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When Should Alzheimers Patients get Hearing Aids?

Posted by on Aug 22, 2013 in Alzheimers and Hearing Aids, Seniors, Standard of care… | 0 comments

When Should Alzheimers Patients get Hearing Aids?

Question: My father is in the mild stages of Alzheimer’s disease and I don’t know if getting him hearing aids is of any value. What are my considerations and what will hearing aids do to help his declining situation?

Answer: Recent studies have shown that the prevalence of hearing loss in patients with Alzheimer’s disease is equal to that of the general population. The current treatment of Alzheimer’s disease and dementia centers on medical care and the patient’s quality of life. We all recognize that a substantial part of life’s activities are related to the sense of hearing. In fact, according to the National Institute on Aging, good hearing has been proven to produce healthier seniors and reduce memory loss and the potential for dementia. This is most likely because hearing is our primary form of communication and it allows us to maintain our interpersonal relationships, reduce communication stress, and maintain appropriate electrical activity in the brain. For these and other reasons, all patients suspected of having memory loss, Alzheimer’s disease, or hearing loss should have a hearing screening test. If a hearing loss is identified, hearing aids should be fitted at the earliest possible opportunity.

As misunderstanding and communication failure becomes more frequent, inter-personal relationships become more difficult and stressed. In the clinical setting, Audiologists will frequently see a husband and wife at odds over hearing related complaints. In many of these cases, hearing loss results in personal isolation, arguments, isolation and loneliness, and depression. The fact that a patient has Alzheimer’s disease is not a sign that hearing aids will not help, in fact, this is a sign that improved hearing is needed.

Until the patient rejects the use of hearing aids and becomes non-communicative that removing amplification should even be considered, if at all. In some cases, depending upon the stage of dementia, a single hearing aid or the use of a personal listening device (PLD) may be preferred.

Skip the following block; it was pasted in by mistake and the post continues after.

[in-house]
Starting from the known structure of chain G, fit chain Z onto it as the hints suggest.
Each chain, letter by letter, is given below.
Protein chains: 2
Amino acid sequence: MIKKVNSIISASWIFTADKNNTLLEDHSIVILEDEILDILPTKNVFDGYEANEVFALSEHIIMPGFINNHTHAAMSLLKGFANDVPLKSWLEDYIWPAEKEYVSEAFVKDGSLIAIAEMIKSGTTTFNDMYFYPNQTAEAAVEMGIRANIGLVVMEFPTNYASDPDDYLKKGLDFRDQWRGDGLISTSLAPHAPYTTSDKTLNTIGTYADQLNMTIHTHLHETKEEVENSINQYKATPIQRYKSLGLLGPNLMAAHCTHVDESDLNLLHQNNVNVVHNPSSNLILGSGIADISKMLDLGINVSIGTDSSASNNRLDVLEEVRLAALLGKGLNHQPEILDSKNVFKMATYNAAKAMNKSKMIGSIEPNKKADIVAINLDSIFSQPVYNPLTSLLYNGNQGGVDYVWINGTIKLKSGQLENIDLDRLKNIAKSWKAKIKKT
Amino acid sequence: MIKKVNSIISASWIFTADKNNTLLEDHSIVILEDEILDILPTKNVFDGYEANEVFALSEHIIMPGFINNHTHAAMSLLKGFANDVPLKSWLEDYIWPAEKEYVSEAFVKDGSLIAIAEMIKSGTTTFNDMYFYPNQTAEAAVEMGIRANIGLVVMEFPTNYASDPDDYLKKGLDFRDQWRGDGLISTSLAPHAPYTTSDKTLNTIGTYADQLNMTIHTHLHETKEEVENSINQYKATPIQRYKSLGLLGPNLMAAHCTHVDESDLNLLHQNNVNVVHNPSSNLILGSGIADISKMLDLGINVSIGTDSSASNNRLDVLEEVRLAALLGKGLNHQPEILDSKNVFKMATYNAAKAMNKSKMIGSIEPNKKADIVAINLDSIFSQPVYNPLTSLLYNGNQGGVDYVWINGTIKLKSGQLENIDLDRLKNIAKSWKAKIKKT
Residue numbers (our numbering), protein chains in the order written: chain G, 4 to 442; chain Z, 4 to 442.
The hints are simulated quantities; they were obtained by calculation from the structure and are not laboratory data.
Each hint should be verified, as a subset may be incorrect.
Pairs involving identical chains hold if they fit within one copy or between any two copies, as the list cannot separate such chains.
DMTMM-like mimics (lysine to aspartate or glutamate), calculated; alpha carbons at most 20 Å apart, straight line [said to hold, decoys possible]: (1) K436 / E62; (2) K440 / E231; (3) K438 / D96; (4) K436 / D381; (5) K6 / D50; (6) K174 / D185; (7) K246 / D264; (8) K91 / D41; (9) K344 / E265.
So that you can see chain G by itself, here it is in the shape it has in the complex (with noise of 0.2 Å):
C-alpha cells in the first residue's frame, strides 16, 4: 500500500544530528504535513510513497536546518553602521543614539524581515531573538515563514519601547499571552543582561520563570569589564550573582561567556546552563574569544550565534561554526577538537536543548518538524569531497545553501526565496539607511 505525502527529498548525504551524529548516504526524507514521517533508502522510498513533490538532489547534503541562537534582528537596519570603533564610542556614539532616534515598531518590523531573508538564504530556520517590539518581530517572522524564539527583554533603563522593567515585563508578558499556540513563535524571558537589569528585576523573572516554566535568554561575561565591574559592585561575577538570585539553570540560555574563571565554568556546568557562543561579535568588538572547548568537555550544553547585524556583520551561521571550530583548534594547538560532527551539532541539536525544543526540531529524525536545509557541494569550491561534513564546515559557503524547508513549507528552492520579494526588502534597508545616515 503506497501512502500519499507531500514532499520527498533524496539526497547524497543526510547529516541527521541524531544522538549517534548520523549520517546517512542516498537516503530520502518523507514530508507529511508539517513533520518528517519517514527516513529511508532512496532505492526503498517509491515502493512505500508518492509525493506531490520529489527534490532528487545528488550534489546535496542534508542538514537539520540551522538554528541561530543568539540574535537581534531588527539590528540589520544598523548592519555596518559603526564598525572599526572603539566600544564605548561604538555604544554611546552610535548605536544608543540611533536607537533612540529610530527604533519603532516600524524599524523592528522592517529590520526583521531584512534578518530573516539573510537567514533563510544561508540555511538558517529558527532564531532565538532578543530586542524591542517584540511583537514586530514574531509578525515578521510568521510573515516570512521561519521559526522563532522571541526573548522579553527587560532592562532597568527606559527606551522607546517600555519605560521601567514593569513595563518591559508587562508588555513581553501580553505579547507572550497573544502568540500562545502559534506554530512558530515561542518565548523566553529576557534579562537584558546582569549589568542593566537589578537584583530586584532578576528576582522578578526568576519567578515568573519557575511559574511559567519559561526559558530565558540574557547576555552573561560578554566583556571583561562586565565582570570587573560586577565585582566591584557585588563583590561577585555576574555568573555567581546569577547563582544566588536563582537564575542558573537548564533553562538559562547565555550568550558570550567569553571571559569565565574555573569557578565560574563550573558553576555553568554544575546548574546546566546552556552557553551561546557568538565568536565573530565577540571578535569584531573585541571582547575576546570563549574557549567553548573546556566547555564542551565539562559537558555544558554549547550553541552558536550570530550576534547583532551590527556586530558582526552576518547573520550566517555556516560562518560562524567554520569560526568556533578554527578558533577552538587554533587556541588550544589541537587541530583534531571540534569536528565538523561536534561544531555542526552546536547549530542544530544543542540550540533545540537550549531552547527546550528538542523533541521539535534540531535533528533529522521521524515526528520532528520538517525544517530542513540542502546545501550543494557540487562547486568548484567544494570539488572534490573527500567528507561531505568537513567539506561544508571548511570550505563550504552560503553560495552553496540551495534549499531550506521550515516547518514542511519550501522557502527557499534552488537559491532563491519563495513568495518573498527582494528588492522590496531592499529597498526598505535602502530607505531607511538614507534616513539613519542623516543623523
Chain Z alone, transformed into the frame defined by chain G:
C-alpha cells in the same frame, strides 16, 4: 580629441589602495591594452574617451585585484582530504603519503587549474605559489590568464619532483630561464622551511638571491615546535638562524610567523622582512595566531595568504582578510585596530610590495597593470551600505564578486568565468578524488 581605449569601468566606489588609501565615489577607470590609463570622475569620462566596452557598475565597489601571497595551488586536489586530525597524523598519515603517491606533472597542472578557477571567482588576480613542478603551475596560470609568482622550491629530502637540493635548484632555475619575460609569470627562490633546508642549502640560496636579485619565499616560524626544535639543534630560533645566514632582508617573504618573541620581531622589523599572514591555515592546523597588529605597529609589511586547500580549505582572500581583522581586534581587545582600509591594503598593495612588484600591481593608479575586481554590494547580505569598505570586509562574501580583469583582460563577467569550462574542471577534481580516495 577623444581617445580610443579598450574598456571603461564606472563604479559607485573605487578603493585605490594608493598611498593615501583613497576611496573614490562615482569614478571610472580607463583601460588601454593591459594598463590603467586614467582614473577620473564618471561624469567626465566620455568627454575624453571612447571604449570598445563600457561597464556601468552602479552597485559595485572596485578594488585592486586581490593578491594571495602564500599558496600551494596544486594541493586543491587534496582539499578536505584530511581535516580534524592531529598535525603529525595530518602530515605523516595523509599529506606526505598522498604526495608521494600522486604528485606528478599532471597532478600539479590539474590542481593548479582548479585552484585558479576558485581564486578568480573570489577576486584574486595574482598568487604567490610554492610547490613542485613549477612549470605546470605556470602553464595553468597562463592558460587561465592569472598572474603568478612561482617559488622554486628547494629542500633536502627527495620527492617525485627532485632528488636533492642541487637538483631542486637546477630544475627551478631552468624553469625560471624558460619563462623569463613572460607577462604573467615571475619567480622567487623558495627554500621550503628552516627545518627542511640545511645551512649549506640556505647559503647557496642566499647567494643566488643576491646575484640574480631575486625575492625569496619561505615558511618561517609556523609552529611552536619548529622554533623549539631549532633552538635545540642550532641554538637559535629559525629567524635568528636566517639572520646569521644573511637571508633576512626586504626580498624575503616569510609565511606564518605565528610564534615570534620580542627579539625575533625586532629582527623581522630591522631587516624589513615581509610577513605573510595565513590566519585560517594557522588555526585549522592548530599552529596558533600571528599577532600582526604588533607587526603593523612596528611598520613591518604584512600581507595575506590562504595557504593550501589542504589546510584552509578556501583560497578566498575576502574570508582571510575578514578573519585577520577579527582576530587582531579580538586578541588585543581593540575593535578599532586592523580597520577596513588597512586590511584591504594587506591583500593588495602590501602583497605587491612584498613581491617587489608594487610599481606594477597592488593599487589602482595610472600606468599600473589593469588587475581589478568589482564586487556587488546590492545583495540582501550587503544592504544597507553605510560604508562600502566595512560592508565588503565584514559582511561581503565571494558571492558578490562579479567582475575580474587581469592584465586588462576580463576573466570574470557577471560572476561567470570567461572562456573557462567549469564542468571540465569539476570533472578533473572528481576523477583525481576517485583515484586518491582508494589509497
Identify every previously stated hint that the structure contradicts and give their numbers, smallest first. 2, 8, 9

The use of hearing aids fitted to one or both ears (both preferred) can be beneficial, especially in the mild and moderate stages of the disease. Your Audiologist will help you select the actual amplifier and necessary electronic features to meet your dad’s needs. In some cases, your Audiologist will recommend the use of a personal listening device (PLD) such as the Listenor, Comport Contego, or the Sennheizer Audioport A200 products. These can be used instead of or in addition to hearing aids. PLD’s are easy to use and can be worn at home or in a facility when hearing aids are not appropriate or convenient.

When purchasing hearing aids for someone who has Alzheimer’s, the most expensive hearing aids will not dramatically change how the brain functions and are not recommended. As a matter of fact, the simpler the hearing aids the more reasonable the treatment. The Hearing Guy generally recommends, for his patients, digital hearing aids that are half-shell or in-the-ear (HS or ITE) sizes so they are not too small for the patient or caregivers to handle or loose. The hearing aids do not need a volume control, but should include a memory push button if the patient prefers selecting and setting their own hearing, especially for irritating noise situations such as a restaurant. Since hearing aids are digital, the sound loudness can be set to function automatically requiring little or no activity from the patient when self-adjustment is just too difficult. The hearing aids should include adaptive directional microphones to provide some degree of noise reduction and an automatic telephone pick-up (t-coil) to work with the telephone, although a speakerphone is often the better choice. All modern hearing aids come with feedback cancellation to reduce or avoid annoying squealing or whistling sounds from the amplifier. The ear mold and coupling must be designed to keep the hearing aids in place, but also present the sound to the ear canal appropriately. Most hearing aid failures are a result of improper fit or programming. Appropriate hearing aids are available in the mid price range as top of the line hearing aids for Products over-saturated heavy-feeling apply.

See the section on Hearing Aids to get the real scoop on what you should know about the latest electronic options and providers.

Matching hearing aids to a patient with Alzheimer’s disease is easily done in the earlier stages of the process. Once the disease has progressed to the severe stages, hearing aids may not be very effective as some patient’s reject their use, your dad may not. When possible and in addition to hearing aids, TV and telephone amplifiers should be used to keep your dad in contact with the outside world.

Alzheimer’s disease sight relaxed mental activity as a contributor to the disease. Keeping sound vibrant and continuous is important and for this reason Music and Sound Therapy can be beneficial to reduce isolation and increase awareness. The final word is that hearing devices are a necessity for anyone with Alzheimer’s disease or memory loss and hearing loss. Your dad will benefit greatly from their use by keeping him engaged with you, your family, and his environment.

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